The chancellor of the University of Nebraska, Lincoln wrote an essay about a cab ride. But he couldn’t get through it without choking up, so he asked the Theater Department to recommend a reader. Someone who will understand it. Someone who will connect with the audience.
Who better than our new assistant professor? He’s also a Jew. Also with a dramatic European past.
So it was my husband who first presented this story to the public in 1994. That’s why I remember it.
An administrator at a midwestern university grabs a cab with a young couple from Germany and strikes up a conversation with seeming strangers:
I asked if they knew of a small town named Bunde, thinking quietly to myself about this horrid little place where my father’s uncle Willie had been hanged in a storefront window and set afire. Why yes, they lived there! Incredible, I thought, someone from the small town where my family lived for generations.
“My family is from Bunde,” I said. “Is there by any chance a cigar factory that is still there?”
“Yes,” he exclaimed with amazement, “it is our factory!”
I’m not a terribly emotional person, but I experienced in the span of a few moments more emotions than I knew were possible to feel in so short a time. I was stunned by the coincidence, incredibly excited by the opportunity to be able to find answers to a hundred questions that clamored in my mind. I also experienced horror thinking that I was inches away from the person who inherited from his grandfather the very house and business that Hitler had taken from my grandfather.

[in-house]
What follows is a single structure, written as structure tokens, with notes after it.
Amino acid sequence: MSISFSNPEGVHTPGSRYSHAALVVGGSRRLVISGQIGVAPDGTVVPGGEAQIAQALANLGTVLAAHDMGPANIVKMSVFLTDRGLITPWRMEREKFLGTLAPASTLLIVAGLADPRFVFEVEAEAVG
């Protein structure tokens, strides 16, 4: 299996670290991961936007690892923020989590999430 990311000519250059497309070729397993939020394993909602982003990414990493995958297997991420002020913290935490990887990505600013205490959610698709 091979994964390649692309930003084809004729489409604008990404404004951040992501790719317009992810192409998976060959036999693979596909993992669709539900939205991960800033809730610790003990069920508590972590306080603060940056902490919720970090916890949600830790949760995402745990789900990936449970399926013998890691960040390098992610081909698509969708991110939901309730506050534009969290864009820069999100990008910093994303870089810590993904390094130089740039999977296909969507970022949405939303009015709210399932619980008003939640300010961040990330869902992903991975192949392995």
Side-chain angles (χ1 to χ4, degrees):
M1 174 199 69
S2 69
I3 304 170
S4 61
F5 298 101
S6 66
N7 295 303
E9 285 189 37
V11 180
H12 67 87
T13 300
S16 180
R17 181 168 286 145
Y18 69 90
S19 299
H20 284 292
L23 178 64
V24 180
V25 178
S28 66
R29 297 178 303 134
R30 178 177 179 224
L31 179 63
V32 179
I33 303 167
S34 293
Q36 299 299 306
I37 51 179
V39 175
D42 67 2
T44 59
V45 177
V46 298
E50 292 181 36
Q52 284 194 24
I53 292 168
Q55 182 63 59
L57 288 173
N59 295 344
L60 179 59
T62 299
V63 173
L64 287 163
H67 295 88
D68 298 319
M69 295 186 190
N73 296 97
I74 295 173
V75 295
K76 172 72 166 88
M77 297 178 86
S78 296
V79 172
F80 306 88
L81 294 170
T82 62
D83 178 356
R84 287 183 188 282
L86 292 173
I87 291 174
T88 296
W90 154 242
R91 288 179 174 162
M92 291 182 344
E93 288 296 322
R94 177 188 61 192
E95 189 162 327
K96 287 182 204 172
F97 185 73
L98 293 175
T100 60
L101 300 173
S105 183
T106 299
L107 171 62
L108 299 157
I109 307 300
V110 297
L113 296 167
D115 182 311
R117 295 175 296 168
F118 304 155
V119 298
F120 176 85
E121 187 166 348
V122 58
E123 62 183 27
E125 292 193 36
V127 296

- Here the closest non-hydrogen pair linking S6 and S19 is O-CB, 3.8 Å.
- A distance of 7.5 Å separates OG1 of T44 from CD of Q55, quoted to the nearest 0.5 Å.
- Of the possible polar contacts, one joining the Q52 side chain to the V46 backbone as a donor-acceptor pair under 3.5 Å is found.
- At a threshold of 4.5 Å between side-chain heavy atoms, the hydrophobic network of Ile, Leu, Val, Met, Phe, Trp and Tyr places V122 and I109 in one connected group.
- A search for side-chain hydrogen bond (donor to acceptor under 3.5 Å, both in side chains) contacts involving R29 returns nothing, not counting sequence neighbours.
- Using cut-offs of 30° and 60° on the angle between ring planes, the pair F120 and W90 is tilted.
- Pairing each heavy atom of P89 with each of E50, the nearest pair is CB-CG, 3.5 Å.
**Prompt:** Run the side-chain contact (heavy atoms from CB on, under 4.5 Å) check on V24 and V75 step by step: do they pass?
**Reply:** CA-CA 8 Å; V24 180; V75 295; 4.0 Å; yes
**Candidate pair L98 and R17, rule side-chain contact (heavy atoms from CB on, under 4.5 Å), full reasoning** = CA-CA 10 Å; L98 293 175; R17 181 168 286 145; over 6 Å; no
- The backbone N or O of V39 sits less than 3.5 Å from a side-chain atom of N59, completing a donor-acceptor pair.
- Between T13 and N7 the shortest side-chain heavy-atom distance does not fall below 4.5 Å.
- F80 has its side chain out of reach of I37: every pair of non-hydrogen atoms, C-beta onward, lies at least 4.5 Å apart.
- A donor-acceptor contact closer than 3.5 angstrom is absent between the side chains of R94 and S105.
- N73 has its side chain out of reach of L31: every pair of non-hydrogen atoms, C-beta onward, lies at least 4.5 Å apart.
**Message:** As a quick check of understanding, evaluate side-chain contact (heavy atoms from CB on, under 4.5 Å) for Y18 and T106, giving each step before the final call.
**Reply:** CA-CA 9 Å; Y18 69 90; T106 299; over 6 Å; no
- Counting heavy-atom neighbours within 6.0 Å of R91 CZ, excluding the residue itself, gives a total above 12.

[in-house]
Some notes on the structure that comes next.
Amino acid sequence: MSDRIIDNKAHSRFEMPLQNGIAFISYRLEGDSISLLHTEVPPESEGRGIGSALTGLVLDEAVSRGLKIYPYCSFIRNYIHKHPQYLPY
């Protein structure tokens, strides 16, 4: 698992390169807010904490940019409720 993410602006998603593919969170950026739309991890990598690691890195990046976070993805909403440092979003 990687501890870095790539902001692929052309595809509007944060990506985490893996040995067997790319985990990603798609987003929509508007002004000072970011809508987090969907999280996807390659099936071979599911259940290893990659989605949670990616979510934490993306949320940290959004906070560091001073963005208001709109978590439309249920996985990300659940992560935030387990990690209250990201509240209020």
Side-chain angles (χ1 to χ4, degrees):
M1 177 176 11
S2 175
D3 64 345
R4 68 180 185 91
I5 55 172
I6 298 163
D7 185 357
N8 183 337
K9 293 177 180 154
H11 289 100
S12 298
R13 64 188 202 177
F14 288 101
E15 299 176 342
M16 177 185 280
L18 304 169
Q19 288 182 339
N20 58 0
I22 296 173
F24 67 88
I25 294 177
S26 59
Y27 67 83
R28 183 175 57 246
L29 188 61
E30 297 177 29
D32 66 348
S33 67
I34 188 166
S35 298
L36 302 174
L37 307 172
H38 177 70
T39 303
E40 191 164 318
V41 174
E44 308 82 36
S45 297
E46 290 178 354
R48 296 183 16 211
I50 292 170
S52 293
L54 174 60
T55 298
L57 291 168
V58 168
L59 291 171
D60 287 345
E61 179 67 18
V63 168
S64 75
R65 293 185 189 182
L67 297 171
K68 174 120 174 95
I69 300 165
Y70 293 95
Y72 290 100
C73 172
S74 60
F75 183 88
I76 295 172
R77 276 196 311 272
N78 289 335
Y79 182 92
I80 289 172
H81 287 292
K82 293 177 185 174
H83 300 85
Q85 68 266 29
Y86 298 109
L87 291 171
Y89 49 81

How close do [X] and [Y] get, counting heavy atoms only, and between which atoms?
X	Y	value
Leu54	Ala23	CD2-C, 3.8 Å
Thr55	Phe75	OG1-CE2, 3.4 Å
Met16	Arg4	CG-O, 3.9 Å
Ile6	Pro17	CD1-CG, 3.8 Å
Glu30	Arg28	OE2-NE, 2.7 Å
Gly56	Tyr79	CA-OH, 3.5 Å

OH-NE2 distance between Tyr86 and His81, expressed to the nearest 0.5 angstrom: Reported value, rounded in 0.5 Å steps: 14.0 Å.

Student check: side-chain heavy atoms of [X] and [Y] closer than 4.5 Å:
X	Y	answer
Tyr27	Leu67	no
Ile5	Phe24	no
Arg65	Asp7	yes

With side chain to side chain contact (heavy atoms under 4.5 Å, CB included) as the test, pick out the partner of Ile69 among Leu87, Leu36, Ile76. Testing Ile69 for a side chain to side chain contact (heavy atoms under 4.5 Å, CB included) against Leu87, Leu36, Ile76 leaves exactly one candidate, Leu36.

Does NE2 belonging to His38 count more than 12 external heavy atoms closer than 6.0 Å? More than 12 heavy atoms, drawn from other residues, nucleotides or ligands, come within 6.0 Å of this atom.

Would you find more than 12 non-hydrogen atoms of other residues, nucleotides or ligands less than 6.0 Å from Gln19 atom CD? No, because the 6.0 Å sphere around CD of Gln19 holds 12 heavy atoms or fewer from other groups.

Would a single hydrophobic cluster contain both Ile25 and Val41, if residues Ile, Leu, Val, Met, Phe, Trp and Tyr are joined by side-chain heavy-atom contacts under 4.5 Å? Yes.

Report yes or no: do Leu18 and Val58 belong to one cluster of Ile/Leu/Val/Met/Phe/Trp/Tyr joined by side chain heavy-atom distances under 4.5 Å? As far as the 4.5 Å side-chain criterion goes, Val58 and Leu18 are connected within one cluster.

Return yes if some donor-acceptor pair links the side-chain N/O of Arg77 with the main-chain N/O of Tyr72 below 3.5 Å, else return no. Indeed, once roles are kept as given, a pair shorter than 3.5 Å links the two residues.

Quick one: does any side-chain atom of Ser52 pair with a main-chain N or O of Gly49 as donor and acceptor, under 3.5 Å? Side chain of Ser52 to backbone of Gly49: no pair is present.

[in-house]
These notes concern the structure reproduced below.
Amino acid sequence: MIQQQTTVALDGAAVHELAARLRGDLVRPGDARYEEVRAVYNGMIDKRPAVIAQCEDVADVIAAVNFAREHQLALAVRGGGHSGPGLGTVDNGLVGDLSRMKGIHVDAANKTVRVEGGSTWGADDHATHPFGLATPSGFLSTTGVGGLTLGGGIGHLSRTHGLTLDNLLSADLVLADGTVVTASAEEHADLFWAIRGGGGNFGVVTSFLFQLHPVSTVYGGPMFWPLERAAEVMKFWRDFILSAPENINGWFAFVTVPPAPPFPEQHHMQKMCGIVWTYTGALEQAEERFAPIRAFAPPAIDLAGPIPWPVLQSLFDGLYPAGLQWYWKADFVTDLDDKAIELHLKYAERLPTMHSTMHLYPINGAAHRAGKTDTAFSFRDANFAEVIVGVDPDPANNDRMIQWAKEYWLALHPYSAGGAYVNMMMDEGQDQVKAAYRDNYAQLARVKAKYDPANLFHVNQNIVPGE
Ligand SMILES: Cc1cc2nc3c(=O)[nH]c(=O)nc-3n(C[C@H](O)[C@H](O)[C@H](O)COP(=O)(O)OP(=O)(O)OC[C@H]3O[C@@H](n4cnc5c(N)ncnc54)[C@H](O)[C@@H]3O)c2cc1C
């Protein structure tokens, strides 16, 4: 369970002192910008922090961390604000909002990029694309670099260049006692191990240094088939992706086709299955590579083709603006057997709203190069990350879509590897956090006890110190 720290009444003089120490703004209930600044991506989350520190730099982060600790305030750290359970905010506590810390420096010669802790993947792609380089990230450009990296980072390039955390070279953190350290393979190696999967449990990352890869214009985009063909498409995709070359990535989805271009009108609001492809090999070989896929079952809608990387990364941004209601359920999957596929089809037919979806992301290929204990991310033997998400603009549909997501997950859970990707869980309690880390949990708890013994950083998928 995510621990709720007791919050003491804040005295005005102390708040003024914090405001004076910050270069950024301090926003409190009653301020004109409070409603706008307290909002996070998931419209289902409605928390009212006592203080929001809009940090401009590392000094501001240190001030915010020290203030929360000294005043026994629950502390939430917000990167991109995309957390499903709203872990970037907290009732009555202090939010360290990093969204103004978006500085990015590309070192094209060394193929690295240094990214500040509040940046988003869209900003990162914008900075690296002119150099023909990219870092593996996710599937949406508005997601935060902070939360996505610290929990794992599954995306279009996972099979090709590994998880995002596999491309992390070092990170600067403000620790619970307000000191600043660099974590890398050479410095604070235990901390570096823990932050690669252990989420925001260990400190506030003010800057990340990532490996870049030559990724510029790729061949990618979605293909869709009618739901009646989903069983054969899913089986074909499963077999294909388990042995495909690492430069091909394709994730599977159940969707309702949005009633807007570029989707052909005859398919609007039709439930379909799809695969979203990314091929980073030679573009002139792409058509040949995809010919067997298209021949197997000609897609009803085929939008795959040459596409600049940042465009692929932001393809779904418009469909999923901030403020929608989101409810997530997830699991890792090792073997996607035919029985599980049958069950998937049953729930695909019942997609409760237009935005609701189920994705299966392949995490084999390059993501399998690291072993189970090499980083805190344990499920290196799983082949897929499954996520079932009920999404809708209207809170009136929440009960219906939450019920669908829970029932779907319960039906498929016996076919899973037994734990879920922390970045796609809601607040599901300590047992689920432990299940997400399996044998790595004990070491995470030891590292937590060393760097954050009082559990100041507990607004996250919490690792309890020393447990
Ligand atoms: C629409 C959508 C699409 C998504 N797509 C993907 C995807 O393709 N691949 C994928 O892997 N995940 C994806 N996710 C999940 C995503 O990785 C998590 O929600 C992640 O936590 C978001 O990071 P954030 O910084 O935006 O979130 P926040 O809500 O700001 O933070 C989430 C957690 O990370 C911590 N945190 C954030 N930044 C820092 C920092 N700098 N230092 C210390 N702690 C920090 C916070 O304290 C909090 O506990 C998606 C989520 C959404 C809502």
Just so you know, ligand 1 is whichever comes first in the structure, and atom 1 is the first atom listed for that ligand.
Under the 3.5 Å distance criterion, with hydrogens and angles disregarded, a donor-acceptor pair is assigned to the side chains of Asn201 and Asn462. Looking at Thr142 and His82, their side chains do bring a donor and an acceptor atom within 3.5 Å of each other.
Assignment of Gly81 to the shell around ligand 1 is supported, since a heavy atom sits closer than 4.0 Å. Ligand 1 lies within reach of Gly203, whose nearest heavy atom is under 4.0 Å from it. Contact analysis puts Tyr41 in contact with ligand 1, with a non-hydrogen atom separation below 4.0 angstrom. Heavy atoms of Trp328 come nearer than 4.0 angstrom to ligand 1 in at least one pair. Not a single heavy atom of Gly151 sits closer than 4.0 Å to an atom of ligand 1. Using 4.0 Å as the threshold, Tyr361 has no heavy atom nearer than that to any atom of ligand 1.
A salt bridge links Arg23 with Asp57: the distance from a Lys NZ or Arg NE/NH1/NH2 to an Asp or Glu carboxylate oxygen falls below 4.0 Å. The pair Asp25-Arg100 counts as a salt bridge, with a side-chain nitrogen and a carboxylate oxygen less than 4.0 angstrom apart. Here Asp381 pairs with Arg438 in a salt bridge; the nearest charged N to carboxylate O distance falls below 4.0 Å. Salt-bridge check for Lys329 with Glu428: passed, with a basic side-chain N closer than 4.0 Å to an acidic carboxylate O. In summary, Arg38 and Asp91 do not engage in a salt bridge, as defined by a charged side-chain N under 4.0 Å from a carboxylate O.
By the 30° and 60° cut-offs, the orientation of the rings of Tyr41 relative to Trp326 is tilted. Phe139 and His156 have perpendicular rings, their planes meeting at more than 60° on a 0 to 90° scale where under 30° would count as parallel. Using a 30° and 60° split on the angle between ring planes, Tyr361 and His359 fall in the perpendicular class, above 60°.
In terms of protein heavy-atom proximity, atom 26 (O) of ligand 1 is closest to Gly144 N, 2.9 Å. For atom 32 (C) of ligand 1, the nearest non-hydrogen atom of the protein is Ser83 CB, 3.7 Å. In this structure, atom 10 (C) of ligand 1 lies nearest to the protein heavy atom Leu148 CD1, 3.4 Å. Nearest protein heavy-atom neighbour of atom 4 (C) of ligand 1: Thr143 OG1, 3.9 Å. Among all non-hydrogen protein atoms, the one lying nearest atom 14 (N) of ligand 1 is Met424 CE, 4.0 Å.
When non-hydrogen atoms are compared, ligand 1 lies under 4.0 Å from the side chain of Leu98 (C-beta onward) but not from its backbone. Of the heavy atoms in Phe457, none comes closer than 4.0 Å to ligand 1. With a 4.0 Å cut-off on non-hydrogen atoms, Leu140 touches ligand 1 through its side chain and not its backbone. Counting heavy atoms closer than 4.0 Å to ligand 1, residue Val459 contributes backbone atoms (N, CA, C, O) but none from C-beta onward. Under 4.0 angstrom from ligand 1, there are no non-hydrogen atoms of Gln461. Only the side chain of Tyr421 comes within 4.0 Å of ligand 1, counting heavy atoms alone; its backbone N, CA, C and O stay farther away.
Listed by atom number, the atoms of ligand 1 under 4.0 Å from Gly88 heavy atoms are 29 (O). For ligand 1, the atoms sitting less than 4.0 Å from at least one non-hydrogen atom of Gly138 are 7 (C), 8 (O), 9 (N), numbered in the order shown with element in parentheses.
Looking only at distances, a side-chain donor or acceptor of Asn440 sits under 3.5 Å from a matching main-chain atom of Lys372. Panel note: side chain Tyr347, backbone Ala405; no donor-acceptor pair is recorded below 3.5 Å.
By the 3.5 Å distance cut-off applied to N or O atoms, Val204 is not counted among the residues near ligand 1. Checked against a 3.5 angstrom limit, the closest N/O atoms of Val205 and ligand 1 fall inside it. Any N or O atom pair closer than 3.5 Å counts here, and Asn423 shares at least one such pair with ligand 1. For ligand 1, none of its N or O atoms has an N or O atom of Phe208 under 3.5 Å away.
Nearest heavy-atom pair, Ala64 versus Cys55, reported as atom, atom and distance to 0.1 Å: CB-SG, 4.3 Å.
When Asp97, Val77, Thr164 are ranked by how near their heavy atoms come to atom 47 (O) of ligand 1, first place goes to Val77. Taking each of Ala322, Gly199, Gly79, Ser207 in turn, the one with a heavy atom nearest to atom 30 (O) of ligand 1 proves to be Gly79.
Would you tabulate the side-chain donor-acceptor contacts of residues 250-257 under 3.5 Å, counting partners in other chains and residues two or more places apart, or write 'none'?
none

I suffered a silent rage as I contrasted the affluence of this young couple, who I learned were on a 10-city vacation-of-a-lifetime first-class tour of the U.S., with the poverty my father inherited, and I experienced, spending my first eight years in a working class neighborhood of immigrants on the South Side of Chicago. My father died an unhappy man, never seeming to transcend the reality of his lot, always aspiring to the affluence he might have had but never did.
This young man in the taxi was friendly enough, and I reminded myself that he, too, was a post-war baby. It was not his fault that he owned my family’s factory, I reasoned charitably.
“My grandfather built that factory,” I said with a mixture of revelation and tact. “His name was Gustav Spanier. He left there in 1941.”
“I know the name! Yes, I know that he was the founder.”
He was now a sticky kind of pale, and I felt the very same way. I learned that the factory came to his family immediately after my grandfather was forced to leave it. I learned that it employs 1500 people, and is still the major employer in the region.
. . . .
As the cab arrived at the hotel, I had asked only ten or twelve of my hundred questions. I wanted to know so much more. What did he personally know of the circumstances leading to his family’s acquisition of the company? What was his grandfather’s connection to the Nazis? How did he feel about this twisted injustice?
My husband (who left Soviet Russia in the mid-1970s) understood the story. He read it, and connected with the audience.
Later that year, we left Lincoln for the University of Utah.
The chancellor, Graham Spanier, left around the same time. He took up the presidency at Penn State. And he flourished in that job. Until recently.
There’s a lot of twisted injustice in the world. Let’s try not to add to it.
Let’s reason charitably: I don’t yet know what happened on the Penn State football team or what Mr. Spanier personally knew about it. Perhaps his affluence at football-rich Penn State (reportedly over $800,000 in annual income) was deserved and had no bearing on his relationship to the football program.
Maybe you sense my skepticism. But, I will say that back in 1994, my husband found him to be friendly enough and rather liked him.
For now, I think of Graham Spanier, sitting on the other side of the cab. Facing the silent rage and the horror that many will feel at being inches away from…what? Something. Anticipating the hundreds of questions we want to ask.
Turning (again) a sticky kind of pale.